An evening at Tomasso in Southboro will be a memorable experience

Worcester Telegram & Gazette : Sunday, March 23, 2008

SOUTHBORO — Beginning with imaginative antipasti and ending with fun desserts, dinner at Tomasso Trattoria & Enoteca in Southboro will transform going out for a meal into a memorable experience.

To appreciate the experience, plan to spend some time. We spent a leisurely three hours at Tomasso on a recent Friday night. And be sure to bring a robust credit card because dinner can become pricey. The bill for two came to $169 (that did include wine with the meal and a port over dessert).

Tomasso varies its menu with the season and allows flexibility in ordering so that dinner can be anything from a bowl of pasta to a six-course meal. Notes on the menu and comments from the servers encourage sharing, adding to the adventure.

The restaurant emphasizes freshness and tends toward the extraordinary. The pastas, breads, sausages, sauces and desserts are made in Tomasso’s kitchen. Locally grown ingredients are used when possible.

We knew something was special when we were handed a three-ring binder of drink selections. The 16 pages of wines, mostly Italian, was daunting so I ordered the three-flight tasting option and had three reds of increasing robustness as my meal progressed. I estimated that the three tastes equaled one and a half glasses of wine at any other restaurant. My partner chose a single wine, which came in a 250 ml carafe.

After establishing our wine routine, we launched into the antipasti. The crostini con spinaci ($5), a crisp bread imbued with garlic oil and smothered with spinach and sun-dried tomato, was loaded with flavors. Mozzarella in carozza ($7), deep-fried sandwiches of mozzarella with white anchovies and salsa verde, were light and airy with the salsa flavors front and center.

Other unusual antipasti selections include affettati misti ($16), a selection of cured meats; insalata di polpo ($7), poached octopus; and melanzane con pepperoni ($6), Italian eggplant with peppers.

The primi or pasta course was anything but traditional and the portions were sized to leave room for the courses to follow. My choice was the garganelli ($13), braised rabbit, radicchio and almonds tossed with rigatoni-like pasta. It was a rare treat.

The other pasta that made it to our table was raviolo con uovo ($12), one large ravioli filled with mascarpone cheese, black truffles and egg yolk. My partner commented that she would never order ravioli at another restaurant because it could never measure up. After a few sample nibbles, I agreed.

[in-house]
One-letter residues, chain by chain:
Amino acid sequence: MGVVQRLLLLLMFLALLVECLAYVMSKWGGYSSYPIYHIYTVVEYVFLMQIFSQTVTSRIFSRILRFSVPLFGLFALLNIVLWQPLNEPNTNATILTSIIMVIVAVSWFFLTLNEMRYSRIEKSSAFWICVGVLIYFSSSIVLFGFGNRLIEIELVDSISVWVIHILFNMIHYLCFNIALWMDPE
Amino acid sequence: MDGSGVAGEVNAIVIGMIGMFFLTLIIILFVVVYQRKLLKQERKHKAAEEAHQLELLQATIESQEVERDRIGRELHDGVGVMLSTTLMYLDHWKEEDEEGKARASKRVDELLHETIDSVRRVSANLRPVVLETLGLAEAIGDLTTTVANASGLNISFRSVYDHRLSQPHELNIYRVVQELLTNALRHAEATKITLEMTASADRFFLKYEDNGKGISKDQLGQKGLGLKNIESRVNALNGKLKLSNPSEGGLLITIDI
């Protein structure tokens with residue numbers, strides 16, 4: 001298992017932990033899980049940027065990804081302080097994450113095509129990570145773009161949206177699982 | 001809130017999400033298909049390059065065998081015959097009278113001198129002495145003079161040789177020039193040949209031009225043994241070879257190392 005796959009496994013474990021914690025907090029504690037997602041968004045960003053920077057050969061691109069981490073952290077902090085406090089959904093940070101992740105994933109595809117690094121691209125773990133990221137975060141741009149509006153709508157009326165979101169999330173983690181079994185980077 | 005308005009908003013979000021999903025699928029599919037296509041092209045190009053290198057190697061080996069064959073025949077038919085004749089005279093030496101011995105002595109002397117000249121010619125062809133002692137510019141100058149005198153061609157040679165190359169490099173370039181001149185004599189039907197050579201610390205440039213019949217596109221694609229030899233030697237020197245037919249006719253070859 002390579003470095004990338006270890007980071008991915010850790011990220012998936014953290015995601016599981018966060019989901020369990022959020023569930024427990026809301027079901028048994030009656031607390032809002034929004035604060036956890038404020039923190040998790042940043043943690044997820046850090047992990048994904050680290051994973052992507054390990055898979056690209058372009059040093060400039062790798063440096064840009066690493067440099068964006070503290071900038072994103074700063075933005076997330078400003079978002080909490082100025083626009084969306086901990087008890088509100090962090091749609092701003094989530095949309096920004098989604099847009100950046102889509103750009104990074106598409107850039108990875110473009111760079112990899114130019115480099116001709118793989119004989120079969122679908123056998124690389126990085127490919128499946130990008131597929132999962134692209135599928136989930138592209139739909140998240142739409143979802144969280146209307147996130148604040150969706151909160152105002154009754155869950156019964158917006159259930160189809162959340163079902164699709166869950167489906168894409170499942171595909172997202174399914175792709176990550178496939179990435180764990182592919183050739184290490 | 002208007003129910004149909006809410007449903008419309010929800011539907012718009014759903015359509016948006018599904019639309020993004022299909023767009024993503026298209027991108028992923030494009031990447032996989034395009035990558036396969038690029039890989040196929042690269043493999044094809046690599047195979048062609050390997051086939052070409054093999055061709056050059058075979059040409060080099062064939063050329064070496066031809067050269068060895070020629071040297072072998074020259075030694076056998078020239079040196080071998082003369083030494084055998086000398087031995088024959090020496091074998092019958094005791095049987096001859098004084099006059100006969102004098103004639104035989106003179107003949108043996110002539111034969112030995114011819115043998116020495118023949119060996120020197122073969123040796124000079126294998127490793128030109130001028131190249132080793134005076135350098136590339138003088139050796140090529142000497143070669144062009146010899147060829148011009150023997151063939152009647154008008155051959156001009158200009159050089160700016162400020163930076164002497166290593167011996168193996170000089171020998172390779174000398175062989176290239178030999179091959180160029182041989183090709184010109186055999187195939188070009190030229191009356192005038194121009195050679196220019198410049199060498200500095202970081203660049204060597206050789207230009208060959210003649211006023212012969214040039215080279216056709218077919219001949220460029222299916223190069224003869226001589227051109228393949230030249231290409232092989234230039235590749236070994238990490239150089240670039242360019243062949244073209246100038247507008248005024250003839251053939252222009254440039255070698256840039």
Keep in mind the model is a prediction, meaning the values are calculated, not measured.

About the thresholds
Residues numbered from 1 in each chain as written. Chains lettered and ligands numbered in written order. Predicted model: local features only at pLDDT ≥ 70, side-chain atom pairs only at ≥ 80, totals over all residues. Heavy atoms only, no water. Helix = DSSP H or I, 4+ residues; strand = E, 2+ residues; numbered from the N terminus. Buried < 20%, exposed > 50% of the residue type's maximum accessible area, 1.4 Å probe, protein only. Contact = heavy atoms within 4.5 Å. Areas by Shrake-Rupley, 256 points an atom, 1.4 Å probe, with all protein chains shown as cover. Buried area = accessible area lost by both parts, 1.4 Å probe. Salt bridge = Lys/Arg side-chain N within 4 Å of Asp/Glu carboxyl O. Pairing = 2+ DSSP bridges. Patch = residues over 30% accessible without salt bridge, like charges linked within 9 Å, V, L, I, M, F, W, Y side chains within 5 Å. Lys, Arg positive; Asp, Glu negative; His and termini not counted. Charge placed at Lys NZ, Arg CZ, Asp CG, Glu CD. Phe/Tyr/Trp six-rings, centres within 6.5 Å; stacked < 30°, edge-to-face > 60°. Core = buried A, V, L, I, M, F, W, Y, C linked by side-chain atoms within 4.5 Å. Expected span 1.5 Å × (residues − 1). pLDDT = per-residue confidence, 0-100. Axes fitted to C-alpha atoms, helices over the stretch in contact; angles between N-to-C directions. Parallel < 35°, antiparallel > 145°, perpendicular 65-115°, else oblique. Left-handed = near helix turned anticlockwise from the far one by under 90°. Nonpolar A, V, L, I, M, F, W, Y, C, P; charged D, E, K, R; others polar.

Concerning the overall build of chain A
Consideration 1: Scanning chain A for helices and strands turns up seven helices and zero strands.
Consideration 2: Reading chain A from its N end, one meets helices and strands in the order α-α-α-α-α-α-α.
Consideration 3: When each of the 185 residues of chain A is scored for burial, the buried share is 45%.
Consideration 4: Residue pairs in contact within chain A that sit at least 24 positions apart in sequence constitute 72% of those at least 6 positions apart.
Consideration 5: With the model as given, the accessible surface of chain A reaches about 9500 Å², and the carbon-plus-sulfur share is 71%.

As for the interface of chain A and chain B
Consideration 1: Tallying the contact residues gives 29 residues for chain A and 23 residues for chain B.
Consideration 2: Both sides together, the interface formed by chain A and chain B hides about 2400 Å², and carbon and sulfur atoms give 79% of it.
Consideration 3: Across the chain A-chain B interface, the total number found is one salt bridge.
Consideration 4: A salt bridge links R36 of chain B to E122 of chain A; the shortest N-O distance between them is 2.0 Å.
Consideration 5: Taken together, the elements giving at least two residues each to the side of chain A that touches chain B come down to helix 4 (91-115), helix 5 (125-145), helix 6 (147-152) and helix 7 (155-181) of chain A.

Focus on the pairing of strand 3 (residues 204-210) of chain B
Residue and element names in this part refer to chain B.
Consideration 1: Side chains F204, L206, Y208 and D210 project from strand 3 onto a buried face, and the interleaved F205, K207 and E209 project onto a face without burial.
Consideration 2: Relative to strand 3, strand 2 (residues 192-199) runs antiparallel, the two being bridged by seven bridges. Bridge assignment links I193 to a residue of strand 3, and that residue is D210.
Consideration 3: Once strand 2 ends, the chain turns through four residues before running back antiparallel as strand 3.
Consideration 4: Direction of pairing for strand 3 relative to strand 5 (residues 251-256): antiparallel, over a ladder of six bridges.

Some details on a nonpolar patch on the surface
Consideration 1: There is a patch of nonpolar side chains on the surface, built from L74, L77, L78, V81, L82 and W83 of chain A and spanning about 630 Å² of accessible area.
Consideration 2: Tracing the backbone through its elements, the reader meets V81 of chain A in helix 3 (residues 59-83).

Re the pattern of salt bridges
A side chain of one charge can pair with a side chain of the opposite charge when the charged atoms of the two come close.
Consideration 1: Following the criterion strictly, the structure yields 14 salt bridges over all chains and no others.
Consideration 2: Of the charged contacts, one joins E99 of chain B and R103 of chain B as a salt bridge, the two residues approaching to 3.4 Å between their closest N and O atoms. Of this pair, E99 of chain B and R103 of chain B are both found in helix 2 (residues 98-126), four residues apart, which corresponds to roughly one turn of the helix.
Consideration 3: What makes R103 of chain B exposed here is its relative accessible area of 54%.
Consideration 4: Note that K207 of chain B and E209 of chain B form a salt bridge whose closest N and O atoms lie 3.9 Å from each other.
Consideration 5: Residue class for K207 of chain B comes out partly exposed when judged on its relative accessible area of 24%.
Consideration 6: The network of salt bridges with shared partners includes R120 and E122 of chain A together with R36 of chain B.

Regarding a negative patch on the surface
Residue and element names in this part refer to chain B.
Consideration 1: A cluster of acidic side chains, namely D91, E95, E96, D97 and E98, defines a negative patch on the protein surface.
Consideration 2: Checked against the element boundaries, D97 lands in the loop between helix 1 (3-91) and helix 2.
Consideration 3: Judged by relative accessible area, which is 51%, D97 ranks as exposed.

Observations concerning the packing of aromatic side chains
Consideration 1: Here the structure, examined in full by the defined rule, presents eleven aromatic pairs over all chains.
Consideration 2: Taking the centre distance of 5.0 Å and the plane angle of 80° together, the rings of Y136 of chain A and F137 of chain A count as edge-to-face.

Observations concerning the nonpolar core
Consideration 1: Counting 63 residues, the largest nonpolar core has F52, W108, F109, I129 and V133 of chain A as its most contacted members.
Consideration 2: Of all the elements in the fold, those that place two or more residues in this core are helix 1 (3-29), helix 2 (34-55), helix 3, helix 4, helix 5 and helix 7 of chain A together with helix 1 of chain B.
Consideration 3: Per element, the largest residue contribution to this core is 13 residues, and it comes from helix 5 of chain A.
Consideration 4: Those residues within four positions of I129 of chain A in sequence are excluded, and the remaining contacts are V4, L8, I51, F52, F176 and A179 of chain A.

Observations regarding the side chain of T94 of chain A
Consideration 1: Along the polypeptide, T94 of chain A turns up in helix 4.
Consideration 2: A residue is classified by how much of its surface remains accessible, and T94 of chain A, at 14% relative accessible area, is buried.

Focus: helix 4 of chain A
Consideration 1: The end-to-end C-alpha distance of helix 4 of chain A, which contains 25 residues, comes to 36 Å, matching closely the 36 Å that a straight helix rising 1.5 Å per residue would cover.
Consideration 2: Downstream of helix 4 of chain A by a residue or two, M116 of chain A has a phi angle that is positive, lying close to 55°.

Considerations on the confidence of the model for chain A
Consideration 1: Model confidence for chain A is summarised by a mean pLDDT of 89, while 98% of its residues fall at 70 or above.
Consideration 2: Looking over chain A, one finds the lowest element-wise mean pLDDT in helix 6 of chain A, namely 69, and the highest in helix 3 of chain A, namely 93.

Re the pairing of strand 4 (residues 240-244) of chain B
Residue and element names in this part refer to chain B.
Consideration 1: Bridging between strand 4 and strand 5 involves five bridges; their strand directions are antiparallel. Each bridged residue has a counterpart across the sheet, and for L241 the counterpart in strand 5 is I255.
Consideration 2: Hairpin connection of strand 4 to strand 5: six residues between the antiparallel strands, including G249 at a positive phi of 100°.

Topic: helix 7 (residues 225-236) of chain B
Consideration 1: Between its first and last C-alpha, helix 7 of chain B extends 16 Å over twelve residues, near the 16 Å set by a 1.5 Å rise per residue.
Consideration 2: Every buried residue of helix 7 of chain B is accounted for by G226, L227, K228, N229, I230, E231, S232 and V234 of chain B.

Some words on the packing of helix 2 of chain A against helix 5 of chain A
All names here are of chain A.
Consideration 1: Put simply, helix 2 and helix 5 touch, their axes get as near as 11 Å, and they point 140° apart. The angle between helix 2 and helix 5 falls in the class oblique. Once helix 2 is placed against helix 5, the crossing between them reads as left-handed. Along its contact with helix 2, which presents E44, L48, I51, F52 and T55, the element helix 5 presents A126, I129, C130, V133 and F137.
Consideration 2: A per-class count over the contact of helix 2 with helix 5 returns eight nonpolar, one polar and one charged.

Other pasta dishes range from $10 to $12 and include pasta with a meat sauce, with braised pork, with mussels and in a bean soup. Entrée portions of pasta are available.

For the main event, about an hour and a half into the experience, I selected the maiale, a slow-roasted heritage pork rib marinated with fennel pollen and lemon zest topped with Seckel pear halves ($25). I was forewarned that the heritage bred pork would be fatty, but that proved desirable. The meat was unlike any pork I had ever had — pink, juicy, delightful in texture and bursting with a pleasant gaminess. It was a far cry from “the other white meat.”

My partner nearly took flight with the quaglie ($23), grilled marinated quail on skewers with a fig compote and toasted walnuts. The diminutive bird was juicy and grilled to a golden brown. The sublime texture was heightened with the crunch of walnuts.

We saved for another time the bistecca ($29), a Delmonico steak; red snapper rosso ($25); grilled swordfish ($26); and a venison stew ($24). Vegetable sides were $4 each and we choose the finocchio (roasted fennel) and rapini, sautéed broccoli rabe with garlic and crushed red pepper. Nothing commonplace about these vegetables.

I couldn’t say no to a rosemary and olive cake with basil gelato. When will I ever again find that combination? The cupcake-size dessert was remarkable in its flavors and lack of cloying sweetness. The basil in the gelato was surprisingly refreshing. With a cup of expertly prepared cappuccino, the dessert created a perfect conclusion to a mélange of flavors, textures and colors that was our meal.

My partner luxuriated in the gianduja semifreddo, a frozen chocolate and hazelnut mousse topped with a dollop of tuille. Sadly, we left the tiramisù with mascarpone cheese ($8) and the budino di datteri, a moist pudding of Medjul dates and caramelized toffee ($7), for another time.

While the food was a joy, the ancillary experiences were less so. Tomasso attempts to capture the essence of Tuscany, or how Americans living in New England perceive Tuscany. The furnishings reflect the Tuscany connection, but an abundance of hard surfaces, open spaces and a kitchen that is exposed to the dining room created a constant thrum that frequently interrupted table talk.

As the restaurant filled, the dining areas tended to get noisy with conversation. Tables were packed close together thus negating a quiet, romantic dinner for two.

The service, on the other hand was outstanding. We felt pampered with water bearers, food servers and fresh utensils and plates at every course. The hostess brought brown sugar and disks of chocolate for my cappuccino. Sarah, our guide, checked in and made suggestions at every course in addition to taking orders.

Despite the distractions of the room, we plan to return to Tomasso, probably with a group, to share the fun and adventure.

– By Bill Clapper Telegram & Gazette Reviewer